• State and local governments in the U.S. will have a buffer to withstand federal budget cuts. They will be able to hire and spend on their own because they are in their best financial condition since the recession (Bloomberg.com Jan. 7). State and local authorities will add employees in 2013, after cutting their work forces by roughly 500,000 in the past five years, Mark Zandi, chief economist at Moody's Analytics Inc. in West Chester, Pa., told Bloomberg.  He forecasts that fourth-quarter payrolls will be 220,000 more than in the same period for 2012. Also, St. Louis-based Macroeconomic Advisers projects that state and local government expenditures and investments will rise 1.8%--triple the increase last year. That shift to regional spending will help the country withstand the jolt from federal spending cuts and tax increases--keeping the economic recovery on track, Zandi said …

News of the Competition (01/09/2013)

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MADISON, Wis. (1/9/13)

  • After receiving one of the largest government bailout packages during the financial crisis, the board of directors at American International Group Inc. (AIG) is contemplating whether to join a lawsuit accusing the U.S. government of implementing too-onerous terms in its bailout package of 2008-2009 (The Wall Street Journal Jan. 8 and The New York Times DealBook Jan. 7). AIG's board will meet today to listen to arguments for and against joining the $25 billion lawsuit, a source familiar with the matter told the Journal. In 2011, Maurice R. Greenberg, former CEO of AIG, who still is a major investor in the company, filed a lawsuit on behalf of fellow shareholders. Greenberg has urged AIG to join the suit--a move that could push the government to enter settlement talks, the Times said. Although the suit does not say that government help was unnecessary, it posits that the rescue was onerous because it took a 92% ownership stake in AIG, involved high interest rates and sent billions of dollars to AIG's Wall Street clients, the Times said. That rescue obviated tens of billions of dollars that shareholders would have received--and also was in violation of the Fifth Amendment, which forbids ceasing private property for "public use, without just compensation," the Times said. The case is pending in federal claims court in Washington, D.C., and the government will present the case against joining the lawsuit, the source told the Journal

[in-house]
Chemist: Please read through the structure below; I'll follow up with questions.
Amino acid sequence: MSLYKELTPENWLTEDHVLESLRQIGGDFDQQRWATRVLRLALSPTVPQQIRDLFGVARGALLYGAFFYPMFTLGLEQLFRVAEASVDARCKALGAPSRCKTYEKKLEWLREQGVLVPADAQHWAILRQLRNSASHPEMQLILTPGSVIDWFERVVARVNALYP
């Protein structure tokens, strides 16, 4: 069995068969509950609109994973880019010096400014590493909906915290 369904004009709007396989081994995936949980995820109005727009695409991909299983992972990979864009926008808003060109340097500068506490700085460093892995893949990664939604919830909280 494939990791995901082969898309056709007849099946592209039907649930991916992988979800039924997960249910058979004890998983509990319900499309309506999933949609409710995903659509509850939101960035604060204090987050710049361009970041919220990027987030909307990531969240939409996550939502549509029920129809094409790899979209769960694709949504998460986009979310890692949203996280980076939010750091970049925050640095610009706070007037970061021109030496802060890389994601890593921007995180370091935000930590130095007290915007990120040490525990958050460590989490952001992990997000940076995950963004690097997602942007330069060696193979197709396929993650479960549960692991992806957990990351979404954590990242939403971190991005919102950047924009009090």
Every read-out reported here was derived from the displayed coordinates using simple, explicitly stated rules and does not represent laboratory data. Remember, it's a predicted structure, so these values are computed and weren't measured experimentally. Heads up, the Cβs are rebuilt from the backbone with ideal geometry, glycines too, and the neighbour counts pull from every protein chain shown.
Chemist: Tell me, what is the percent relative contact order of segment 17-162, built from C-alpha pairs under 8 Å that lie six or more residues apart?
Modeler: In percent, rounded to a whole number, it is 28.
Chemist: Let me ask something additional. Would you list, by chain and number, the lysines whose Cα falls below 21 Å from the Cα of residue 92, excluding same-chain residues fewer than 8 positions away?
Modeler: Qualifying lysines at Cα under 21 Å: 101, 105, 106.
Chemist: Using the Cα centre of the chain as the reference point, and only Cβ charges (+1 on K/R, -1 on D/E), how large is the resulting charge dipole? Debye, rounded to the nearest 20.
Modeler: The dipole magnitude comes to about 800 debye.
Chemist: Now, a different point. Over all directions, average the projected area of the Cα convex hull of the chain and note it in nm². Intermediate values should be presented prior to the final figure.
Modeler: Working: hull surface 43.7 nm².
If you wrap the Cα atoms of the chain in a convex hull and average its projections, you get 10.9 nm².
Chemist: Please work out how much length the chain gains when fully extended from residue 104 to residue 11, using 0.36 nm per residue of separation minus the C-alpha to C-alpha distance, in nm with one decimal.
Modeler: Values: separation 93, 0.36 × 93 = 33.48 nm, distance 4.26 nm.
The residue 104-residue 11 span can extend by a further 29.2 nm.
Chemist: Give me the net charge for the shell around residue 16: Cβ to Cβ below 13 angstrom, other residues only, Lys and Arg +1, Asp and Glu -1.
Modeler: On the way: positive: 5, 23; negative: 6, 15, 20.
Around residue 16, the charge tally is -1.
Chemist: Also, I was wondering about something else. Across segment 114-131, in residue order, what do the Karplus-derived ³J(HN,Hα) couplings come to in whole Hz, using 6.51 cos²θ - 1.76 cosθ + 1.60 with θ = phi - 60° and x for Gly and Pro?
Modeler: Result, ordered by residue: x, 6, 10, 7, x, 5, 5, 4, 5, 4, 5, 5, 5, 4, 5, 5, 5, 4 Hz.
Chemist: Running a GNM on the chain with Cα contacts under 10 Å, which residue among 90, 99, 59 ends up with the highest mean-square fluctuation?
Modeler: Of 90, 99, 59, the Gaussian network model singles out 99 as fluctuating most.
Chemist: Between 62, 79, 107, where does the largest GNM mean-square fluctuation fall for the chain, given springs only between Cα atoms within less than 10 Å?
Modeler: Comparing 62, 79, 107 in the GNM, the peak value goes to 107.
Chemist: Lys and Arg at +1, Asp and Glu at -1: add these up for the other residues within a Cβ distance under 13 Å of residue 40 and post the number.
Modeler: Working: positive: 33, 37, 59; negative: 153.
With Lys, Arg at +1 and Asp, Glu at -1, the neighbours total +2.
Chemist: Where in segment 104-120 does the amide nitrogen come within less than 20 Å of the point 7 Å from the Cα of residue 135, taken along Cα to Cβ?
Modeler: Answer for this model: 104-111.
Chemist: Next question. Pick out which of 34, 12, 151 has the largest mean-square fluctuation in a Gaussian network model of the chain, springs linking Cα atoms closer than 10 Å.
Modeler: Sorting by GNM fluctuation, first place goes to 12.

• Bank of America (BofA) Monday sold off roughly 20% of its mortgage loan-servicing business as a component of its agreement to pay Fannie Mae more than $11 billion to settle an ongoing dispute over bad mortgages (The New York Times DealBook Jan. 7). The move is a continuance of BofA's large-scale retreat from an expensive expansion into the home mortgage market, the Times said. That payment settles allegations that before the financial crisis BofA made bad mortgages that home buyers had a difficult time repaying, and then sold the problem mortgages to the U.S. government, the Times said. Taxpayer-supported Fannie Mae sustained huge losses when borrowers defaulted, the Times said …